Facebook will no longer remove posts claiming COVID-19 was ‘man-made’


Claiming that COVID-19 was ‘man-made’ will no longer get your post removed by Facebook. The social network has updated its misinformation rules and will no longer remove claims that COVID-19 was made in a lab or created by a government.

The change, first Politico, comes as President Joe Biden has ordered a new investigation into the origins of the pandemic, including whether the pandemic “emerged from human contact with an infected animal” or as the result of a lab accident. “I have now asked the Intelligence Community to redouble their efforts to collect and analyze information that could bring us closer to a definitive conclusion,” President Biden said Wednesday in .

The “lab accident” theory has gained in recent weeks as some scientists there is not enough evidence to rule it out as a possibility. Proponents of this theory say the pandemic could have originated in a Wuhan lab where researchers studied coronaviruses. The World Health Organization, which Facebook has long relied on in shaping its coronavirus policies, has “all hypotheses remain open” though its researchers have said the lab theory is unlikely.

All this resulted in Facebook updating its misinformation rules. Previously, the company removed posts that claimed the virus was “man-made,” manufactured in a lab or a bioweapon created by a government. Now, Facebook will no longer remove these statements — even though some go much further than the “lab accident” theory.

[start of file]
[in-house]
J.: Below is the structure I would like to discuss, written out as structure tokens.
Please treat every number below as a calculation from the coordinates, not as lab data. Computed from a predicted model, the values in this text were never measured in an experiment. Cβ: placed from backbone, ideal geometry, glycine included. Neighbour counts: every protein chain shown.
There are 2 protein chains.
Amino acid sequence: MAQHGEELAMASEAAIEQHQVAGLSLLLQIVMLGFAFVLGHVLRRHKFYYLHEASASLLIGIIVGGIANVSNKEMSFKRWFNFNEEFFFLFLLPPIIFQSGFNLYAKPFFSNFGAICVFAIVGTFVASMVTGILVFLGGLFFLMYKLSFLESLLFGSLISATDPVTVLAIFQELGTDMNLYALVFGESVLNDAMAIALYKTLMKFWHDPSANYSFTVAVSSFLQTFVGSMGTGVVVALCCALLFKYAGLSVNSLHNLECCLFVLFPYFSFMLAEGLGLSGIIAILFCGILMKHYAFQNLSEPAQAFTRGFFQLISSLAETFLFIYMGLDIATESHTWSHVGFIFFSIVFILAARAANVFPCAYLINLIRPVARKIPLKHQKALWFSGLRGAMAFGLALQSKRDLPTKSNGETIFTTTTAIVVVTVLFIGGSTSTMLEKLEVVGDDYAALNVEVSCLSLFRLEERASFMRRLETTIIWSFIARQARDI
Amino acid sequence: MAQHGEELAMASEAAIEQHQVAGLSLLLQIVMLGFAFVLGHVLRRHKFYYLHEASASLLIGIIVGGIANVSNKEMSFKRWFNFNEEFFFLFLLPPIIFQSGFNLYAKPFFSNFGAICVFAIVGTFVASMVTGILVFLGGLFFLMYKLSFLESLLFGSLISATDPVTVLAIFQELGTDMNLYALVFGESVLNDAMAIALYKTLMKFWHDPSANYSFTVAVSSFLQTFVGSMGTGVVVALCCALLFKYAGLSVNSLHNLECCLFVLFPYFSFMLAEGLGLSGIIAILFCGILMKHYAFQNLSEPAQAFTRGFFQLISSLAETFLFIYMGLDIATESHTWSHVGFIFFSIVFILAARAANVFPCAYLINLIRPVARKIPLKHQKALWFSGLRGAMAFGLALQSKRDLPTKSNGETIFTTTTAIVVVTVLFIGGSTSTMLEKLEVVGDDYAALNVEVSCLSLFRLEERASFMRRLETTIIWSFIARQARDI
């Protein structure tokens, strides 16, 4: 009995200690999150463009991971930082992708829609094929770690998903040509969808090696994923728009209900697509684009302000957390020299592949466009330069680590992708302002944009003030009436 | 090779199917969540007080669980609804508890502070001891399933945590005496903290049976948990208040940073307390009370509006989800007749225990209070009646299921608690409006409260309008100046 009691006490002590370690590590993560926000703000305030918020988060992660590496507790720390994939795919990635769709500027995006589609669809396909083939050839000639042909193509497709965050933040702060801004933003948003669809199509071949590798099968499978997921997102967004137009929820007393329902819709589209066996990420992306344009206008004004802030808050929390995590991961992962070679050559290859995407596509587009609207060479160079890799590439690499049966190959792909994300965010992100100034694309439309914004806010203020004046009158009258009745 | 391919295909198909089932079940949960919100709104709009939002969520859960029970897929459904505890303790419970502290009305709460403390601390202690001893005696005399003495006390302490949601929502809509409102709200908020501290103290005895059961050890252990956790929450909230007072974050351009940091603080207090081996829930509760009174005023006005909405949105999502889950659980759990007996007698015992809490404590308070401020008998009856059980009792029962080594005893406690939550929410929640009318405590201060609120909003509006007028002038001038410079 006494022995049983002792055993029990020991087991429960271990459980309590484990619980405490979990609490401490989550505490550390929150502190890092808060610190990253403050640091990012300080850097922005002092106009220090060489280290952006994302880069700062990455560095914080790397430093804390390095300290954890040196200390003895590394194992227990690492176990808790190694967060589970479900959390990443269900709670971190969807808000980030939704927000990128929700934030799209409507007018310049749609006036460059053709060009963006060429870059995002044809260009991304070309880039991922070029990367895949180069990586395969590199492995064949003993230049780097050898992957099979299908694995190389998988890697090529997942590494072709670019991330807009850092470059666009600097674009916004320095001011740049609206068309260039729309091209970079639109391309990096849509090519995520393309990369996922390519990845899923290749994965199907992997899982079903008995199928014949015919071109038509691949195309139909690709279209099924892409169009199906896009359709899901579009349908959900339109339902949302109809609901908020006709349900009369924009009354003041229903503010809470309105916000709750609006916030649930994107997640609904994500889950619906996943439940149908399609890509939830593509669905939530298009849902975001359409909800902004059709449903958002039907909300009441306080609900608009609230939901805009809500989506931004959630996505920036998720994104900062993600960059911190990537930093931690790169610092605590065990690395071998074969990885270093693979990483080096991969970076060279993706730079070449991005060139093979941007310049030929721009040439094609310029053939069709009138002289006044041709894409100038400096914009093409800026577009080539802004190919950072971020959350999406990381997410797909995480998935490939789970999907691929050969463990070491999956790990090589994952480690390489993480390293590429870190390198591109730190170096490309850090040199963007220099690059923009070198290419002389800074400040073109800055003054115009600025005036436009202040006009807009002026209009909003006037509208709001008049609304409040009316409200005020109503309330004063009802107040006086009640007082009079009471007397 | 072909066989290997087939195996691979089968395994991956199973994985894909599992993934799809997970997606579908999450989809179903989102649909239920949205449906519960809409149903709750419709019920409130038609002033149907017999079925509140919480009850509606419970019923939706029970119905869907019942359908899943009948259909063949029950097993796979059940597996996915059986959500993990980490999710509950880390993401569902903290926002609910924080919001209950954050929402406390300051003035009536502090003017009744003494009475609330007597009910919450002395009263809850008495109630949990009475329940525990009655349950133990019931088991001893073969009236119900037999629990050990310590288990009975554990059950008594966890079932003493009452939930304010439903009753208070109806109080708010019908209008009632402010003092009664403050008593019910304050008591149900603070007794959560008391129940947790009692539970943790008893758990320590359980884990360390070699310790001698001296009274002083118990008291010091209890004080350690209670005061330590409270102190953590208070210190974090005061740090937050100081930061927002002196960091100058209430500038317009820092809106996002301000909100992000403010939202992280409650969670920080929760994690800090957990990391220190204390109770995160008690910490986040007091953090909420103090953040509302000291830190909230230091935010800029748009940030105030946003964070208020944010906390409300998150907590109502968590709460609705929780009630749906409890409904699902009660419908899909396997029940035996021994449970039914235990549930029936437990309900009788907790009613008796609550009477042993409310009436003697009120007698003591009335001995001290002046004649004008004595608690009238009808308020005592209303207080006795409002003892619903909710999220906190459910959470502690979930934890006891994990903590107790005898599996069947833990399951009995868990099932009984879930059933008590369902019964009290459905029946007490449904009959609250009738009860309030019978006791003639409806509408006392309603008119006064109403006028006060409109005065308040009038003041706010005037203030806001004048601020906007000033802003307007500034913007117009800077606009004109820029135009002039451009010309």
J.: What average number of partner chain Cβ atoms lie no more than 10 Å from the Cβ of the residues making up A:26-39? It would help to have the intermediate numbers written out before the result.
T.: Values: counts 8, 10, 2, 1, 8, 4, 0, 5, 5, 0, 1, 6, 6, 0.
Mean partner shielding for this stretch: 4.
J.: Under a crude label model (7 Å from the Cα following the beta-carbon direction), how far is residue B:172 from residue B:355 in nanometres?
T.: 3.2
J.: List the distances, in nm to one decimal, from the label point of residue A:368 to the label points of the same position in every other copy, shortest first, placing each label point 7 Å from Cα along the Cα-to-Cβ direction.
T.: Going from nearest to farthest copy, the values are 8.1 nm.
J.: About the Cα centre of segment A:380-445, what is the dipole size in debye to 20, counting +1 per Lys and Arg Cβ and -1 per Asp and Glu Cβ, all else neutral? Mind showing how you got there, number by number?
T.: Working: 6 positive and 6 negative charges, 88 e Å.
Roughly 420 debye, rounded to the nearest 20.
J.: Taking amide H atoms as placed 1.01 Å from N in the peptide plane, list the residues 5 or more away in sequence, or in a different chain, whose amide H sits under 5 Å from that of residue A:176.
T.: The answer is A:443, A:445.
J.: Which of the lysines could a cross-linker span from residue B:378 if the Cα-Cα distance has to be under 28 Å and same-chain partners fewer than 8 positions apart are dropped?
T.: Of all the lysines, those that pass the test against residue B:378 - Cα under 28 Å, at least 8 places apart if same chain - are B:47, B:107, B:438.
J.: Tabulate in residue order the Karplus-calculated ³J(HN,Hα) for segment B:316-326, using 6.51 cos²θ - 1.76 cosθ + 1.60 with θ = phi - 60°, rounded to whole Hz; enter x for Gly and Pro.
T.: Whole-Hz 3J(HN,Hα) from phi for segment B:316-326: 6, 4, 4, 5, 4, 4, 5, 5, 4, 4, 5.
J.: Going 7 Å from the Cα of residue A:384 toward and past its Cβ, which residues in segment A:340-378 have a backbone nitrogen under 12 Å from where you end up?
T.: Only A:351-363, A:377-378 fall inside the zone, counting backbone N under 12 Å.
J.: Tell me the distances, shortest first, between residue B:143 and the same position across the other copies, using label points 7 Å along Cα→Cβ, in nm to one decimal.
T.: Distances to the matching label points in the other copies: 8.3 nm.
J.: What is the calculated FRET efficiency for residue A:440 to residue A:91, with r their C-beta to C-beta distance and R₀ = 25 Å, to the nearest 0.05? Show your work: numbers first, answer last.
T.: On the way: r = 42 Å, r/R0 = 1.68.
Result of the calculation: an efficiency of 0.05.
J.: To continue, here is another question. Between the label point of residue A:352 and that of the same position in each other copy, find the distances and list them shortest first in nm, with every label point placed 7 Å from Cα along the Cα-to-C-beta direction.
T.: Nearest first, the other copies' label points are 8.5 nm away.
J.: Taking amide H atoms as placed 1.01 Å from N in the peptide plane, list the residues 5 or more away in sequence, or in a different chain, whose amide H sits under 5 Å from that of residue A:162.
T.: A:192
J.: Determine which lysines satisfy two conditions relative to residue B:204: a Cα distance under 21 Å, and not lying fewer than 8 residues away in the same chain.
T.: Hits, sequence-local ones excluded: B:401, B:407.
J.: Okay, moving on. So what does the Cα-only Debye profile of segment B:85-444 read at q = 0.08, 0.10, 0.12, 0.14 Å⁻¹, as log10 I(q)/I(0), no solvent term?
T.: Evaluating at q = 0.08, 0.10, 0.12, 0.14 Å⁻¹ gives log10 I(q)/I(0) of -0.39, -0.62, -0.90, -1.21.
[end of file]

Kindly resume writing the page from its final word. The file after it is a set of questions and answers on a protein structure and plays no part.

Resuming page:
“In light of ongoing investigations into the origin of COVID-19 and in consultation with public health experts, we will no longer remove the claim that COVID-19 is man-made from our apps,” a Facebook spokesperson said in a statement. “We’re continuing to work with health experts to keep pace with the evolving nature of the pandemic and regularly update our policies as new facts and trends emerge.”

For Facebook, the change underscores how COVID-19 has forced the company to confront misinformation in new, and , ways. In the early days of the pandemic, the company announced that it would take the unusual step of not just debunking misinformation about COVID-19, but with claims it considered dangerous. Since then, Facebook has removed millions of posts for spreading dangerous misinformation, including fake cures and other .

While it’s not the first time Facebook’s coronavirus misinformation rules have evolved — the company has also changed its rules regarding , for example — the latest change has raised some eyebrows and prompted criticism that the company shouldn’t have “censored” such views in the first place.

But between a flurry of news coverage and a new government investigation, the issue has firmly entered the “mainstream,” even if scientists are still divided on the actual question. So it’s not surprising that Facebook would want to make room for its users to debate the issue as well.

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